Page 13: of Maritime Logistics Professional Magazine (Jul/Aug 2018)

Port Infrastructure & Development

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Protecting the Environment tection Agency issues ? nes against the dredge operators who Geofencing: a Viable Solution discharge their scows outside of the approved disposal sites. Cashman Dredging set out to ? nd a solution to the human

SGS has the potential to completely eliminate that possibility. error problem of accidentally discharging dump scows outside of the designated dump sites. What they came up with is the

The Law: Scow Geofence System (SGS). The system itself is comprised

Compliance with the Marine Protection, Research and Sanctu- of a small computer and a Global Positioning System (GPS) re- aries Act (MPRSA), commonly referred to as the Ocean Dump- ceiver that is connected to the scow controls. SGS utilizes a re- ing Act, isn’t optional. It became law in 1972. Under the Act, the lay that connects it to the scows programmable logic controller

U.S. Army Corps of Engineers issues permits for the disposal (PLC). The PLC controls the communication, engine start and of dredged material subject to EPA’s concurrence. The Environ- stop and the sequencing of the hydraulics for the split hull scow. mental Protection Agency (EPA) administers and enforces com- In a nutshell, the SGS does not allow a scow to dump its dredge pliance with the MPRSA. The EPA designates dredged material material unless the barge is inside a predetermined geographic disposal sites for long-term use. Before designating these sites, zone, or so-called “geo-fenced” area. Even if a crewmember ac-

EPA conducts an extensive environmental review process, in- tivates the scow’s dump switch, the barge will not split open if cluding opportunities for public participation. Each designated the vessel is not within the geographically fenced area. The ves- site has its own site management and monitoring plan. Disposal sel must travel into the geo-fenced area for the dredge material of dredge material is strictly prohibited outside EPA designated to be discharged. More to the point, SGS locks the PLC control sites because of the potential for harm to the marine environment. of the scow-opening process within seconds of the GPS antenna transiting outside the predetermined geofence ocean dump site.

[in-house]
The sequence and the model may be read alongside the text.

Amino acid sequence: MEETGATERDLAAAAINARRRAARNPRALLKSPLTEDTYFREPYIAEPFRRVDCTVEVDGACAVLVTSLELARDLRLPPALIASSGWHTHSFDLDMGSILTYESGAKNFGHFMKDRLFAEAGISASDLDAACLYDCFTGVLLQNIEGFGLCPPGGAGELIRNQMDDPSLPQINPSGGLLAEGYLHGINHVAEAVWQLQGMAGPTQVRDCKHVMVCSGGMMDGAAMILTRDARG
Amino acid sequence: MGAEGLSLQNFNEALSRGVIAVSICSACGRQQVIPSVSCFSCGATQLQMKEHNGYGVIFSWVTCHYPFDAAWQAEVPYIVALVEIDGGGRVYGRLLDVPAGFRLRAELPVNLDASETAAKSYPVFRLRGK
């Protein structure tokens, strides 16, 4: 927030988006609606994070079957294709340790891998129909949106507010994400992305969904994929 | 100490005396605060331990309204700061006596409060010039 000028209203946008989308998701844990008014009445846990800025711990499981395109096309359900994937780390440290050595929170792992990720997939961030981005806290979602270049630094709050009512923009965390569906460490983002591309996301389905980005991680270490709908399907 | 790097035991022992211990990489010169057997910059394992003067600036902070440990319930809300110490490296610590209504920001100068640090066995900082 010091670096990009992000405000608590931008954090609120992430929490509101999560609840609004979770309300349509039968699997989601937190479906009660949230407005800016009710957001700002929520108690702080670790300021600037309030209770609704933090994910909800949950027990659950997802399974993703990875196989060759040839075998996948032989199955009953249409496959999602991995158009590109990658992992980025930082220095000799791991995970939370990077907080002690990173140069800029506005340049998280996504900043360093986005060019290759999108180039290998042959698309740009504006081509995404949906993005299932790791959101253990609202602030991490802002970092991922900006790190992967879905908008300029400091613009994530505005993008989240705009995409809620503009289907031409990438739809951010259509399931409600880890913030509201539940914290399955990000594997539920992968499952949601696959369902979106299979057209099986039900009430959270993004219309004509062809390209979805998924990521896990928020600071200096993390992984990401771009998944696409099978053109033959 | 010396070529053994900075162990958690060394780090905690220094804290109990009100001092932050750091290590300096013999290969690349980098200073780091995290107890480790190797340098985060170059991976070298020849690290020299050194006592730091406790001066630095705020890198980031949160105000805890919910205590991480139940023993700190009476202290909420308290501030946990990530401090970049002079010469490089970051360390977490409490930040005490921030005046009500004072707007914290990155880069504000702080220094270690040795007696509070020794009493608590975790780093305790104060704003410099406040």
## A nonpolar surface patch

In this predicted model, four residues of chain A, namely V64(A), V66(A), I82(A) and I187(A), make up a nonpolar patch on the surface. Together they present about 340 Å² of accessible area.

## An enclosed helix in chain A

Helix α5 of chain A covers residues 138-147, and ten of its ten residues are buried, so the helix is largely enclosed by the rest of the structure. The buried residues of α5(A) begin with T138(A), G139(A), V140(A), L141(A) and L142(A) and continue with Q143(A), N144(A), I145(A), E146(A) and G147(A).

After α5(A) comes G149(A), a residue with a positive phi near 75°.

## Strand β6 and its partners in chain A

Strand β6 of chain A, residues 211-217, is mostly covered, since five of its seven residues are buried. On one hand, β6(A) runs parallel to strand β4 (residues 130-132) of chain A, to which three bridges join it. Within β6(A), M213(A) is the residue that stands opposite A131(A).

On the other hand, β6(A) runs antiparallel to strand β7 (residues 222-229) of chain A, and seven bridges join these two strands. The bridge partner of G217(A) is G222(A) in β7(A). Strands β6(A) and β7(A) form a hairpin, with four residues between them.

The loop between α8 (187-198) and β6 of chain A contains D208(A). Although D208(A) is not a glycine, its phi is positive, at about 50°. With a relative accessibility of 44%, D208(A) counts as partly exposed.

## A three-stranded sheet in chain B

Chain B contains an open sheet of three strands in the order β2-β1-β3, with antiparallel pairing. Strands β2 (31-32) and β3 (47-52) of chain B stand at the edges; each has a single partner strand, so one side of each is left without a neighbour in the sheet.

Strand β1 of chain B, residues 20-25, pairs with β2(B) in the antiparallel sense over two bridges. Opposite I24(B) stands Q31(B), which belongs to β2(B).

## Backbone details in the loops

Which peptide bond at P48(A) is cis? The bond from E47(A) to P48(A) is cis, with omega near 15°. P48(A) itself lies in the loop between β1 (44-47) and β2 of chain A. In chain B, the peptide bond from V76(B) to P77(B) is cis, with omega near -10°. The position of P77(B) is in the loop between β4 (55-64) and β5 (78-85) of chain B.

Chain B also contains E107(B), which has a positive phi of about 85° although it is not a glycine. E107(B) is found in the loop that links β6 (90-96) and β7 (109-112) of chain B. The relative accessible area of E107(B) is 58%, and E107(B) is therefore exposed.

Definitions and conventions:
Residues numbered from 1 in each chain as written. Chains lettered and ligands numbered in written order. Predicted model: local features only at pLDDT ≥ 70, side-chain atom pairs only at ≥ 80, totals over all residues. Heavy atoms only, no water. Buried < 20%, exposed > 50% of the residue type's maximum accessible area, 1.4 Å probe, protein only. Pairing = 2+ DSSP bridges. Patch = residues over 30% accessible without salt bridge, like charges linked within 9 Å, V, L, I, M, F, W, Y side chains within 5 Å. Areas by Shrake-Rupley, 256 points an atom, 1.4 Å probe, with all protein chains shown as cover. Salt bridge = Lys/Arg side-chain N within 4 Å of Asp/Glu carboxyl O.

Looking Ahead

Testing and real-time operation of the Scow Geofence Sys- tem indicates that SGS has the potential to signi? cantly reduce the human error element of accidental split hull discharges.

Since Cashman Dredging implemented SGS in 2016, the com- pany has tracked and recorded over 550 disposal events. No- tably, there have been no accidental discharges of dredge ma- terial since implementation. This is all good for the operator, regulator and the environment. It’s quite likely that geofencing for dump scows will become an industry standard. With the number of dredging and infrastructure projects now underway in North America, that development can’t happen soon enough.

The Author William P. Doyle is the CEO & Executive Director of the Dredging Contractors of America (DCA). Twice a U.S. Senate con? rmed Presidential appointee to the U.S.

Federal Maritime Commission (FMC), Doyle has also served on cabinet and executive level boards and committees under both the Obama and

George W. Bush Administrations. A U.S. Coast Guard licensed marine engineer, he is a graduate of the Massachusetts Maritime Academy with a BS in Marine Engineering. He is also an attorney and a graduate of the Widener University Commonwealth School of Law. 13

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Maritime Logistics Professional magazine is published six times annually.